I continued to know that it was all in the loving arms of my Higher Power, and my belief in that fact grew daily. I was strong and determined, well past what the doctor thought was possible. She told me there was no reason I should not be very ill by then and feeling horrible each day. The only explanation I could arrive at was that my will was too strong. But I knew I was not the one who had control of my will, because I had turned that over.

In June, I attended a conference with a colleague from work who became very interested in what was happening with my health. He asked many questions, and I shared freely and openly about my condition. We returned home and I thought no more of it.

In September, he and I had a work meeting over lunch. At the end of that meeting, he looked at me and said, “I need to know how to contact your transplant coordinator.” I know I looked puzzled, so he went on to say that he wanted to be evaluated as a donor. He talked it over with his family, and knew it was the right thing to do.

Somehow, I knew that day it was going to happen. I knew he would be a match. Over the next couple of months, he went through several tests. At the end of October, we were told that our kidneys were a perfect match, and that we would need to get the transplant scheduled.

When I talked with my coordinator about the date, she told me that due to holidays, planned vacations of the surgeons, and transplants already scheduled, it would likely be mid-January before we could get in the rotation. My doctor was concerned that we may have to go ahead with dialysis for at least a month or two prior to the transplant because my kidneys were about gone.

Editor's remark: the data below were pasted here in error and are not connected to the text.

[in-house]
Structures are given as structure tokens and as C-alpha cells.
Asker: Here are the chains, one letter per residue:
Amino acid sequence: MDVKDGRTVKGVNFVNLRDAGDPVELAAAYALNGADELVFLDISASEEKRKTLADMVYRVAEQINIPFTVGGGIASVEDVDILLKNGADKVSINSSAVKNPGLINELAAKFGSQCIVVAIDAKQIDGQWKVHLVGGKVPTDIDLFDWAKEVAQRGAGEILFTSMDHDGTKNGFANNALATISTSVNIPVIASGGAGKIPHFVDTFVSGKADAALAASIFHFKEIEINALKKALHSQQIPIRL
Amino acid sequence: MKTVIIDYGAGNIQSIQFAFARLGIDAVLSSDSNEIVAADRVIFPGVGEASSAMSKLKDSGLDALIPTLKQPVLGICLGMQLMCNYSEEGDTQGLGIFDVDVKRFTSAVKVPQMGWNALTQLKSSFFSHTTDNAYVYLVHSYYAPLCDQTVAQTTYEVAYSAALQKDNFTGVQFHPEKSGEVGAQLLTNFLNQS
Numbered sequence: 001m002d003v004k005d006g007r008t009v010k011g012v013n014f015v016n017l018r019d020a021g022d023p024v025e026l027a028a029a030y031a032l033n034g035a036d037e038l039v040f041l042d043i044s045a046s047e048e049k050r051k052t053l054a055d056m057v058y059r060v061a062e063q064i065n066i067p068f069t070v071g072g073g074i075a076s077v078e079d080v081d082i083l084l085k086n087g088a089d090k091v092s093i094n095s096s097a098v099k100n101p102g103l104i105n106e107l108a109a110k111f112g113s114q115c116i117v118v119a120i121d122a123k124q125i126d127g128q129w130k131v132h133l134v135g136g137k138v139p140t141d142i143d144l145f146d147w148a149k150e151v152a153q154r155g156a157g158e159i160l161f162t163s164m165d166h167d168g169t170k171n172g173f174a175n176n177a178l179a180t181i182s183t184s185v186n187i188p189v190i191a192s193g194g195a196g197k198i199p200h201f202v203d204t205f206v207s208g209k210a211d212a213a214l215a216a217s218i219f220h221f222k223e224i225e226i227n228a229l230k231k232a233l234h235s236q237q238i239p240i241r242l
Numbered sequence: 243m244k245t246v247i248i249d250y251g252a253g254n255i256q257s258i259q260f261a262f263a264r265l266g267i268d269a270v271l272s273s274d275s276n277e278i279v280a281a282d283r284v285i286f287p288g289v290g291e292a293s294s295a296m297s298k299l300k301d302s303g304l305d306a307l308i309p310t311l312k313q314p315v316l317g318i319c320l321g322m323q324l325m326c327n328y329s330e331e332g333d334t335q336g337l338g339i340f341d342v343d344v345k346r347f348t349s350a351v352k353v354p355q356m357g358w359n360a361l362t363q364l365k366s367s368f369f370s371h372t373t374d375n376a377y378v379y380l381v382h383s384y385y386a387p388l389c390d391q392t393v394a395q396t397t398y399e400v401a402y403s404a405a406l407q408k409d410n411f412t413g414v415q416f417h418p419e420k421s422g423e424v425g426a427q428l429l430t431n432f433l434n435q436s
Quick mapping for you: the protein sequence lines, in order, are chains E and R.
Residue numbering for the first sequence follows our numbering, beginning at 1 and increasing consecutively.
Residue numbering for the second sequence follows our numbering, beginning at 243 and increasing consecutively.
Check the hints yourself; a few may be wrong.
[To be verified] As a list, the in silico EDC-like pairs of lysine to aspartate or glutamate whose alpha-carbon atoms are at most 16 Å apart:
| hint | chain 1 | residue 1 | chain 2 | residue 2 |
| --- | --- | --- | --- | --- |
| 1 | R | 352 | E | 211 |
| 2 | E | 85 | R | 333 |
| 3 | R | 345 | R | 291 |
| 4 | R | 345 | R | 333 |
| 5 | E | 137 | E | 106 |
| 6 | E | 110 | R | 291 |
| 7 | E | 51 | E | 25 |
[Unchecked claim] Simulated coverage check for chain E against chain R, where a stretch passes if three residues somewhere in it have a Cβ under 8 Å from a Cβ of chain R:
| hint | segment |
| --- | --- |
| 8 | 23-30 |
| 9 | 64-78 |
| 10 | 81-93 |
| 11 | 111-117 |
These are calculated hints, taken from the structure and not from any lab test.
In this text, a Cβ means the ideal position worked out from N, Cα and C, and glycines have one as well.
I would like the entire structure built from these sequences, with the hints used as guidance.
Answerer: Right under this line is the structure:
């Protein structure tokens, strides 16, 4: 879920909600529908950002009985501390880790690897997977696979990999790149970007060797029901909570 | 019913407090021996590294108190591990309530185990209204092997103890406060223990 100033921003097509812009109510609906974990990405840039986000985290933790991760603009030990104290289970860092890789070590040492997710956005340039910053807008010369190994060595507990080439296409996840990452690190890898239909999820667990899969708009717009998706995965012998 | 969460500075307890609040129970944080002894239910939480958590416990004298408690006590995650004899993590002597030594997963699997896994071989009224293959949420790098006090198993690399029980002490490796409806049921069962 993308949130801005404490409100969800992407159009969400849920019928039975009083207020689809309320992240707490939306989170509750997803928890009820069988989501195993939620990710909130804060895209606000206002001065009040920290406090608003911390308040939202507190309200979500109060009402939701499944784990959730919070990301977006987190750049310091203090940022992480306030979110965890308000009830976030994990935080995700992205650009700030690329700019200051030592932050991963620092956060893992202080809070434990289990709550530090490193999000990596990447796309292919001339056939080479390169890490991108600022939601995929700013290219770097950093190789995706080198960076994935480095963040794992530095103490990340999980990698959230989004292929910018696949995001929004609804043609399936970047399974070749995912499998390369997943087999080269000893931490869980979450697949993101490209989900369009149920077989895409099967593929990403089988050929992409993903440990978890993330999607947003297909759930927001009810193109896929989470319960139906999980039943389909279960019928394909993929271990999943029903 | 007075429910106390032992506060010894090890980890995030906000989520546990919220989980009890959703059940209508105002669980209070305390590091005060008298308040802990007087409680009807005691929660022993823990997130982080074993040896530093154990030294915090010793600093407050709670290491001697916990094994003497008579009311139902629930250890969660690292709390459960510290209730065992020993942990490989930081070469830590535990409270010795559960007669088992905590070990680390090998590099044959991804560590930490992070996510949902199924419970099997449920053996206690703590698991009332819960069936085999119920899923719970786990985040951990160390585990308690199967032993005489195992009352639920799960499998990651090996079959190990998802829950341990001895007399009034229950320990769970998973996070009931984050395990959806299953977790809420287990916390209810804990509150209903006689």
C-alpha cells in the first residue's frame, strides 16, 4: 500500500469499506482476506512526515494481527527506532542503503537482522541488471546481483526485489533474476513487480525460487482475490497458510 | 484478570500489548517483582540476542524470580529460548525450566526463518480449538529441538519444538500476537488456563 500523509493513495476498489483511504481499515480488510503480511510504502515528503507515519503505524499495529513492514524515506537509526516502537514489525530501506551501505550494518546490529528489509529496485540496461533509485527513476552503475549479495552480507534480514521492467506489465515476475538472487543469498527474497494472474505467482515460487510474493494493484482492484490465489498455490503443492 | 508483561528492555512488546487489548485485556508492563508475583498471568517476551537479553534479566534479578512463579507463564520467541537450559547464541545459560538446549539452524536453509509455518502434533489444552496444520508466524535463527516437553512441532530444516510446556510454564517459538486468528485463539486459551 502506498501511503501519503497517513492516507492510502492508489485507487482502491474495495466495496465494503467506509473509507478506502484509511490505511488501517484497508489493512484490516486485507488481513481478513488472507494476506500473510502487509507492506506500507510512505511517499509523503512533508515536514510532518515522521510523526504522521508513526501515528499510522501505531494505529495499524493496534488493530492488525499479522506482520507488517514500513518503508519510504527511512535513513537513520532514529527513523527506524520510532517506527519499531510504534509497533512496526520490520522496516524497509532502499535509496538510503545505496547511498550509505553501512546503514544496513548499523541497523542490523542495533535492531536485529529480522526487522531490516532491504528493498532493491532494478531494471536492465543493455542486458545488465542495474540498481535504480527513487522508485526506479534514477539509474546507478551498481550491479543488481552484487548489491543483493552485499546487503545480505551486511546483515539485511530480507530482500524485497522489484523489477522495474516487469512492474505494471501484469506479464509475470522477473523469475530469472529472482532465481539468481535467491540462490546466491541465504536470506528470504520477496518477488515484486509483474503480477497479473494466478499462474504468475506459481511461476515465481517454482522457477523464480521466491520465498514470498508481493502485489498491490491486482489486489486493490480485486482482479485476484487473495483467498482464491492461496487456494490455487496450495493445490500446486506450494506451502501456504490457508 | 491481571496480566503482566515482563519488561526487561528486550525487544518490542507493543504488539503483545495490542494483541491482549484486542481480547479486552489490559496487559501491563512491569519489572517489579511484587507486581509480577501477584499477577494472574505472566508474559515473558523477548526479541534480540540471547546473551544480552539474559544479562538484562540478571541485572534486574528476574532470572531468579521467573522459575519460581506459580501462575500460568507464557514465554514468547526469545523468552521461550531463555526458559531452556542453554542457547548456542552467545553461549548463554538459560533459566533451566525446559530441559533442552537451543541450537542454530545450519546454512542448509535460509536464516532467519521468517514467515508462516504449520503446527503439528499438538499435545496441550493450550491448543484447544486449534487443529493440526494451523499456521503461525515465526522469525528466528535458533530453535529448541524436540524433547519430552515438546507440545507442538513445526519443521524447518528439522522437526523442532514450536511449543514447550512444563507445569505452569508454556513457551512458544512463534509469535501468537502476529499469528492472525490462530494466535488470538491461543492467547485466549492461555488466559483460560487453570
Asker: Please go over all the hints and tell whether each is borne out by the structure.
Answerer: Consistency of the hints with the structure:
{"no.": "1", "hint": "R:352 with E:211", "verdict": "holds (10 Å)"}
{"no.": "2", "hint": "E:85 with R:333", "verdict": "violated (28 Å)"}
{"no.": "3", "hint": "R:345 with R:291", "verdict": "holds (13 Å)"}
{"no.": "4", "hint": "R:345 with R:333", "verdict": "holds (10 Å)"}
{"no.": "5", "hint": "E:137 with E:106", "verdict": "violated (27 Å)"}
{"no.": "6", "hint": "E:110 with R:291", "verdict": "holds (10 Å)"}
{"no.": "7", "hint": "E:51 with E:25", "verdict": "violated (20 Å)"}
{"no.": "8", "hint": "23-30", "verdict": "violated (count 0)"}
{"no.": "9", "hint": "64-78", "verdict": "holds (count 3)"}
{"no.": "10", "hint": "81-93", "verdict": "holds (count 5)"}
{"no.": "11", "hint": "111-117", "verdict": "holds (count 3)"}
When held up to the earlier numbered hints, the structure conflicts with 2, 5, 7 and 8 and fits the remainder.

Then at the beginning of November, we received a call that one of the surgeons involved had changed his plans and December 16, 2009 was now available to us. We scheduled the surgery immediately, and I again knew it was the work of my Higher Power.

On the morning of the transplant, we had to report to pre-op at 6 a.m. I was so calm and assured that the nurses were amazed. They kept asking if I needed something to calm my nerves, and I asked if I acted fearful or anxious. They shook their head, took my blood pressure, then looked at me and said they were amazed by my calmness, and clearly, I needed nothing.

I rolled into the surgical suite at 9:30 that morning, still calm and assured. I had a sense of being held, which of course I knew it to be in the arms of my Higher Power. The next thing I knew, I was waking up in recovery, with a new and already functioning kidney. In fact, it started working even before being fully connected. I had three doses of pain medication that evening, and have not had a dose since.

The following morning, I took my first walk, and have not slowed down since. I was out of the hospital in five days, and my recovery has continued without a hitch. I was overwhelmed by the cards, e-mails, and phone calls from my Al‑Anon family. Meals were brought to me from many friends from church, and Al‑Anon as well. I was home for Christmas, and celebrated the greatest gift I could have ever been given.

It was the Third Step that made all of this happen for me. I turned my will and my life over to the care of my Higher Power, and never looked back. Today, I know this
is the way I must live the rest of my life.

I am grateful to my Sponsors who have helped me work the Steps, and who have insisted I do service work. It is through the Steps and service work that I have learned that all that I have to do is do my best to live my program day in and day out, while turning my will and my life over and leaving it there.

By Phil G., Kansas
The Forum, April 2014